I use that dentist as an example because, unfortunately, his attitude seems typical of so many business owners and otherwise intelligent executives.  Here is another quick story to drive the point home.  Several years ago, I was in a presales meeting at a bank to talk about IT security.  The banker proudly showed me the shiny new security audit report he undoubtedly paid a small fortune for and asked me to look it over.   I sat across the table from him, looked over the report, and commented it covered the bank’s website pretty well, but where was the section about the bank internal IT operations?  His reply – “Thanks for coming over” and he quickly hustled me out the door.  To this this very day, I don’t know what nerve I touched.  But I have some theories.

I think IT is boring for most “normal” people.  Most people don’t care about what DHCP servers do or the difference between 1 gb and 10 mb.  Some bankers probably never stop to think about the difference between their internal operations and public facing website.  At least one dentist never took the time to think through what would happen if all his patient records disappeared.   And because IT is boring and “technical” and costs money, it must be at best a necessary evil.  For most business decision makers I’ve met, IT is not an asset to be maintained and enhanced, IT is an expense to be minimized.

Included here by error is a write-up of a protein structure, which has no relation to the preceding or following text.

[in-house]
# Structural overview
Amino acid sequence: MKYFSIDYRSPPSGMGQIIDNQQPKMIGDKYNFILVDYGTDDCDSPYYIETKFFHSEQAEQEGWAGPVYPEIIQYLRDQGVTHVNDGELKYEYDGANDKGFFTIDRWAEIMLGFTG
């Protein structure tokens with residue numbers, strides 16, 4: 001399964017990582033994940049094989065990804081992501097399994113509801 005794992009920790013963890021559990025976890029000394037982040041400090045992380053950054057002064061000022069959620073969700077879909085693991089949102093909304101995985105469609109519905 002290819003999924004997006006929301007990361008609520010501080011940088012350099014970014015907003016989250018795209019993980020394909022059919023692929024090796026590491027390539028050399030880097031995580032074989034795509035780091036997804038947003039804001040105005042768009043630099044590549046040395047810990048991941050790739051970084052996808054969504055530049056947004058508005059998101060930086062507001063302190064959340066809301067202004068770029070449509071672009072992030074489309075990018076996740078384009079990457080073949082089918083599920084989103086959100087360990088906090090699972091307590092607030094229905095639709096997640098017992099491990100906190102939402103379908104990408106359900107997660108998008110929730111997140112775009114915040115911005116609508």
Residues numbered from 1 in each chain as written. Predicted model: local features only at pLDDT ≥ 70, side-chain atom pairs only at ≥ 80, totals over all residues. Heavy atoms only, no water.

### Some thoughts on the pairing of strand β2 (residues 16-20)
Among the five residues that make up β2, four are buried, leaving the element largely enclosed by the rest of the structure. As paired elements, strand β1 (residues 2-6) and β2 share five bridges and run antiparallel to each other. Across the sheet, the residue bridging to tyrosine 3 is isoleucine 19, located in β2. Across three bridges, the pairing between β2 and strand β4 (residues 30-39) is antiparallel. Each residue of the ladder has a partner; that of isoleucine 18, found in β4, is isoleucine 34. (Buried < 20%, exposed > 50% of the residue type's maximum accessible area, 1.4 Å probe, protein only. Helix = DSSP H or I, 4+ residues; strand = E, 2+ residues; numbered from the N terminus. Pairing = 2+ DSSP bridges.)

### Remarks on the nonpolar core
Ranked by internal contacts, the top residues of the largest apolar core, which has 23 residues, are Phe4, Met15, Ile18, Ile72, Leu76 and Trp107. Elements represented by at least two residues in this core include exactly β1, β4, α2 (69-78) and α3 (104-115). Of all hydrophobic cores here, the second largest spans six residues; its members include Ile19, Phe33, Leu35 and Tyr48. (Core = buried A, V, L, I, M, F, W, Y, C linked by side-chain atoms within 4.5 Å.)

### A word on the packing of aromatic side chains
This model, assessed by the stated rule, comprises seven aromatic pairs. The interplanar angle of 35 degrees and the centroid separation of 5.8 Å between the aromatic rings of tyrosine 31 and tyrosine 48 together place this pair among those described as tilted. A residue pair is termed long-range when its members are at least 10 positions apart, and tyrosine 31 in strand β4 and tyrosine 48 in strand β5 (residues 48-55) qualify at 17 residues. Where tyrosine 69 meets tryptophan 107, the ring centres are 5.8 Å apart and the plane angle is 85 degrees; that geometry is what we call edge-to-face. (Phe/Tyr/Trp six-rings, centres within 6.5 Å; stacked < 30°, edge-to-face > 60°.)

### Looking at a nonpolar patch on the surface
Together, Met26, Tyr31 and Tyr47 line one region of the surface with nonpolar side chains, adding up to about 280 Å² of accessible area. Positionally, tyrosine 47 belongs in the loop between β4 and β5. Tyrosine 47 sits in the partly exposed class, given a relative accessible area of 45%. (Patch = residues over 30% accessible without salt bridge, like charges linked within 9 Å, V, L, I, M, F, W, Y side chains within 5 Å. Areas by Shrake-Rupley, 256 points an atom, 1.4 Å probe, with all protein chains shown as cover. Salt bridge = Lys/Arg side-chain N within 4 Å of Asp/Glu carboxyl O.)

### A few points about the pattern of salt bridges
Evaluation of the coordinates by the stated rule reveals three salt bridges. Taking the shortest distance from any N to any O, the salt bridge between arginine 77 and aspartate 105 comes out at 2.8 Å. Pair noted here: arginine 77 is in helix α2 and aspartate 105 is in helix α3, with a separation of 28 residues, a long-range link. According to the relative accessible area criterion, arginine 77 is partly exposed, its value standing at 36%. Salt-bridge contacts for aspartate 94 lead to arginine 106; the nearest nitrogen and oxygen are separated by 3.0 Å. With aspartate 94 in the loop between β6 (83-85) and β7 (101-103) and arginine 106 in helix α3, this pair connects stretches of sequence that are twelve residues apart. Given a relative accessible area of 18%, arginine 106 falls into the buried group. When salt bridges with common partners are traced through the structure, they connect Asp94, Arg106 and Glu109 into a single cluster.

This is a shame.  Consider:

  • medical and dental clinics, who keep patient data inside a server instead of a large room full of paper files and film X-Rays.
  • transportation companies who can keep images of millions of invoices and other paperwork inside a computer network instead of whole buildings filled with file cabinets
  • email and the world wide web
  • automated airline check-in systems
  • online banking